What makes a good website? A focus on the user.

whatmakesagoodwebsiteHave you been to a website lately that just floored you with its fantastic design and features? Maybe not, right? Unless you’re actively looking for details, you might not take notice when a website is great. It’s similar to the way a great actor can make you forget about acting and draws you right in to the story. With a website, even though you may not be thinking about its virtues, it will likely prompt repeat visits because you know you will get what you are looking for.

And on the other hand, you probably notice right away when a website is bad. You can’t find what you came for; things aren’t working right; or they won’t load, and so on.  Avoiding problems like these goes a long way toward a great web presence.

So if you are looking for guidance on building your own great website, there are a lot of options to get you started, like this course on developing a site with WordPress. And as you begin learning the tools, think about some of these major factors that go in to delivering a positive experience for your audience:

Navigation

One of the most common problems website visitors will run in to is that they can’t find their way around a site. And your way of combatting this should essentially be good planning. Obviously, cramming everything into one page would be the worst possible way to go, so you’re going to have to put some thought in to how your site will be structured.

Adding to that is the challenge of different points of view. As the author of your site and the authority on whatever subject matter it contains, you might think of your content very differently than how visitors do. It’s important to match the flow and structure of your message to whatever is most intuitive for them.  This is a concept you can master, and you can get your start on it in a course on applying conceptual models to design usable sites and apps.

Spatial planning and responsive design

When you visit a friend’s Google+ profile, you might notice that the scrollbar does not start at the very top of the page. And when you do scroll the page up, you see that individual’s chosen cover image taking up almost the whole screen. That big image is nice, sure, but if that was the first thing you saw when you took a link to Google+, it might not make a very good first impression.  It doesn’t look quite right, and you might even close out, thinking it was some kind of spam-site.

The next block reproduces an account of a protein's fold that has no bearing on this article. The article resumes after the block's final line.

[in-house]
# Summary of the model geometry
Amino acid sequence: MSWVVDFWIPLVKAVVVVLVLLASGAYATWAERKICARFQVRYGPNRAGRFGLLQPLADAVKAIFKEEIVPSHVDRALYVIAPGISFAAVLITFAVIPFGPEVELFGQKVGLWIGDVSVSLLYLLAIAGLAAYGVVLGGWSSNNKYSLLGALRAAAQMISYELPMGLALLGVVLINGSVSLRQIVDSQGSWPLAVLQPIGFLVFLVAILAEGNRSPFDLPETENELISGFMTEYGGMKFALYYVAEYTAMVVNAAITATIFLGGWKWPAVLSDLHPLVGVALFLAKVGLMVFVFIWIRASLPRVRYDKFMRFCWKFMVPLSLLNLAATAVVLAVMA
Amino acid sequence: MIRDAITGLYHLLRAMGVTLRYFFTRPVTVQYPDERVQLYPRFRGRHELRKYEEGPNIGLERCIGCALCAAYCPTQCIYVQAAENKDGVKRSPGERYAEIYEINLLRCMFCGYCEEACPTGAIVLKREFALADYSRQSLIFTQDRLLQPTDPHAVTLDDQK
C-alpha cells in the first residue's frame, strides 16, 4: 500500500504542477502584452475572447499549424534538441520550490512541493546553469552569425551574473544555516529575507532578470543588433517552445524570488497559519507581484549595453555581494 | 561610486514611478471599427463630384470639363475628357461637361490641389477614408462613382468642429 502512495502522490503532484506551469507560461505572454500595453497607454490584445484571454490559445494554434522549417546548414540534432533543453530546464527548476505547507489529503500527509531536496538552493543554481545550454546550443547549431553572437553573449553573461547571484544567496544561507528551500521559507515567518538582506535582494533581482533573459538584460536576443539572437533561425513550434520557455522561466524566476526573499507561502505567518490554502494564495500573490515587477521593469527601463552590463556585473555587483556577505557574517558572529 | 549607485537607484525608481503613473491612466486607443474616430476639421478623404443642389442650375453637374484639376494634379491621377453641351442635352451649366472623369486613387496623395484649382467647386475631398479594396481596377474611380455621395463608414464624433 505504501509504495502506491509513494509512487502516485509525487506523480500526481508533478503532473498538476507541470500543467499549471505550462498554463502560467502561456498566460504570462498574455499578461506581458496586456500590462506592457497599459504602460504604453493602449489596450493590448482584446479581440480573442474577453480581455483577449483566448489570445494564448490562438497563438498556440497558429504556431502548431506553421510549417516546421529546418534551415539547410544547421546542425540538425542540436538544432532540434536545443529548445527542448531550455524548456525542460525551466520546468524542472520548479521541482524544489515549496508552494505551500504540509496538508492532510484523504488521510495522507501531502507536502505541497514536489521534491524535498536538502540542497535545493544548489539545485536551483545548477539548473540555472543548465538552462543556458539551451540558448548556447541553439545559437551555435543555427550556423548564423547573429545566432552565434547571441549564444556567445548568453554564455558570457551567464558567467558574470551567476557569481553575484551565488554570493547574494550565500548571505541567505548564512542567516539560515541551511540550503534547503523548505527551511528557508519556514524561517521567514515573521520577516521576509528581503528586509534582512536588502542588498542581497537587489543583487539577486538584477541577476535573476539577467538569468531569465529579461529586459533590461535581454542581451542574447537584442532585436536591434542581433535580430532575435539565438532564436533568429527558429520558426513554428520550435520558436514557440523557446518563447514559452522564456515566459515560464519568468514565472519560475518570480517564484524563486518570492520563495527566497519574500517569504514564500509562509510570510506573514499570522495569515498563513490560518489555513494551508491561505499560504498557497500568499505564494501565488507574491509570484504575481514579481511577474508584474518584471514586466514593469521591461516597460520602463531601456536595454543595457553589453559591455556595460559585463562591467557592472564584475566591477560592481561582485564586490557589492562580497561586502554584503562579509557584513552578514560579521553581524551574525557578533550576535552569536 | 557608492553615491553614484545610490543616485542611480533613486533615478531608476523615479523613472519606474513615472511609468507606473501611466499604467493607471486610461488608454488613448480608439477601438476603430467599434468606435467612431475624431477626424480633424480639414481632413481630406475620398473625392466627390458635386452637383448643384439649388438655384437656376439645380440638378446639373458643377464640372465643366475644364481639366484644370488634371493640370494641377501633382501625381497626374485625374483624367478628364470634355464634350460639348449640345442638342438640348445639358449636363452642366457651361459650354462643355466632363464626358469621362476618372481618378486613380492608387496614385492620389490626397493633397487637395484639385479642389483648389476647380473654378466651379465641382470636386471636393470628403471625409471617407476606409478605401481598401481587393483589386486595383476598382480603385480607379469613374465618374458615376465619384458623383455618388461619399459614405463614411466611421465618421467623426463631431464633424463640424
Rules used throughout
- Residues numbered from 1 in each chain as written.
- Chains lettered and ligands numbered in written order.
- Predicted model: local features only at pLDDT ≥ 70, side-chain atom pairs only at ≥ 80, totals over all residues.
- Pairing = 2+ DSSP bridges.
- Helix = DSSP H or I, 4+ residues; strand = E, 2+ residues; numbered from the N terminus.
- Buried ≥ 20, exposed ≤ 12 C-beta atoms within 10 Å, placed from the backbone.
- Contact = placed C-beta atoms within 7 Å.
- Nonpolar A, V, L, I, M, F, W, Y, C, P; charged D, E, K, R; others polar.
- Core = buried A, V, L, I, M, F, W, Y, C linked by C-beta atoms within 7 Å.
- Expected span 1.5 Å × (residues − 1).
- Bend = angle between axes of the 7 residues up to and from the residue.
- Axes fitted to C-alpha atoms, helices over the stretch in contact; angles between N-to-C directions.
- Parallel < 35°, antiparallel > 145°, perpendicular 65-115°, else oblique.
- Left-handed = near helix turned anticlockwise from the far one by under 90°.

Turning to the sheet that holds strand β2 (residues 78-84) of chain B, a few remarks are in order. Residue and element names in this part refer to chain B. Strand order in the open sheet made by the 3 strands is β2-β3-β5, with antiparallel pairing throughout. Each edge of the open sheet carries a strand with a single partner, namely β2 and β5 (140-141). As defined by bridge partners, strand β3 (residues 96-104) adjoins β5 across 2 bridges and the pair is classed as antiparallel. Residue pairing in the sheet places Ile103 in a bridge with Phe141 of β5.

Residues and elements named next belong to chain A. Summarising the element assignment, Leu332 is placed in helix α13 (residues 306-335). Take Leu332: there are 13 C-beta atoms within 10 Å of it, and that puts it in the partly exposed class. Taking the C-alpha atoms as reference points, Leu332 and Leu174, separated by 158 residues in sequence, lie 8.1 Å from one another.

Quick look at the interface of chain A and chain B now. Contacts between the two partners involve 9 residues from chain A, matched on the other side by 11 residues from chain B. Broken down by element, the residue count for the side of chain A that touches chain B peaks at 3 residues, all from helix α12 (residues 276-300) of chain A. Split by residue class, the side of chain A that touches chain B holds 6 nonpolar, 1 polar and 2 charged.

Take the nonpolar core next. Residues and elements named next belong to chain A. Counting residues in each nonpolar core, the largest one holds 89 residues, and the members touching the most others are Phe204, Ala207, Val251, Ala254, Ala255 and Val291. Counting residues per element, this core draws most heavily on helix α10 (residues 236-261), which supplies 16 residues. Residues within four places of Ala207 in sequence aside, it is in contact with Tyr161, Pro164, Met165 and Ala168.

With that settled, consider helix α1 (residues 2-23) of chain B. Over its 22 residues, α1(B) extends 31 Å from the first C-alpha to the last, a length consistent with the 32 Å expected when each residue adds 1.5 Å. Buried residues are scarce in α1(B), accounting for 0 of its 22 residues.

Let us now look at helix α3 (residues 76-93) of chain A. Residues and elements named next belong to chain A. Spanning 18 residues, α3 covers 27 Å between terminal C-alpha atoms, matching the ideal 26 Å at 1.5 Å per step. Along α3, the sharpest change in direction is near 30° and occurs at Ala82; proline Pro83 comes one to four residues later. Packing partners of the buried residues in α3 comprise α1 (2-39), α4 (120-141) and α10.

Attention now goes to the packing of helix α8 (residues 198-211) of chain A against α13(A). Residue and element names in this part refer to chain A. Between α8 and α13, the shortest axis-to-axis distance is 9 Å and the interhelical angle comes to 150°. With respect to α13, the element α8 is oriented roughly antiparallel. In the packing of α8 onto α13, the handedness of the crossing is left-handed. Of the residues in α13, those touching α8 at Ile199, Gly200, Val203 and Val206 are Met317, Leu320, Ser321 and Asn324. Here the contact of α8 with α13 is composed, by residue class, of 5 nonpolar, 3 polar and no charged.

Google developed that profile landing page that way for a reason. To create a pleasant and professional user experience, you need to consider positioning of page elements. A good site will get across a complete idea on a single page, and the pieces will fit nicely on the page. Of course with content heavy sites, like blogs, not all of the information will be on one page, but the page will still communicate a complete idea and include navigational elements, without the user’s needing to scroll.

This has become more complicated to achieve with the proliferation of mobile technologies and a variety of different screen sizes. However, if you get some basic training, like a course covering responsive web design, you will see that it is still within your control.

Code

So your website is navigable and its visual layout makes sense. That’s great! You also made sure you developed it in the most efficient and effective way possible, right?

When it comes to how your website ultimately looks, the ends don’t justify the means. What is going on under the hood will matter in a number of areas: how easy the site is for people to find, how quickly it loads, whether all of the page elements work, etc.

If you are taking on a web development project, you will do well to get a working knowledge of the languages and approaches developers use. This can help you spot areas for improvement with your own site and allow you to do revisions confidently. You can start learning right away, from your own home, with a comprehensive web development course designed for beginners.

Accessibility

One problem that will very quickly alienate audiences online is bad links and missing pages. Unfortunately, it is a common problem for new web authors, who often do not realize their resources are in the wrong locations, where users cannot reach them.

It’s important that you understand the mechanics of your site and how the hosting process works. If you are coming at it for the first time, it can be confusing, and possibly even a little intimidating. However, with a minor time commitment, you can master the unfamiliar processes and terminology in very little time.

If you need an introduction to all this, you can take a free web hosting course designed to get you up and running.

Easy does it

Keep in mind as you enter in to your web site project that your site can grow as you need it to and as you continue to expand your skills. You don’t need to come right out of the gate with a lot of intricate and complicated features. If you employ good design and development standards, you can start simple and still deliver an excellent web experience. Get creative and use what you know to its full advantage.

At the same time, with mostly everything you want to include on your site, remember that there is likely a straightforward way to get it done right. Use the internet to your advantage and get guidance from the experts. In no time, you will find yourself developing great pages your site visitors will love… even if it’s because of what they don’t notice!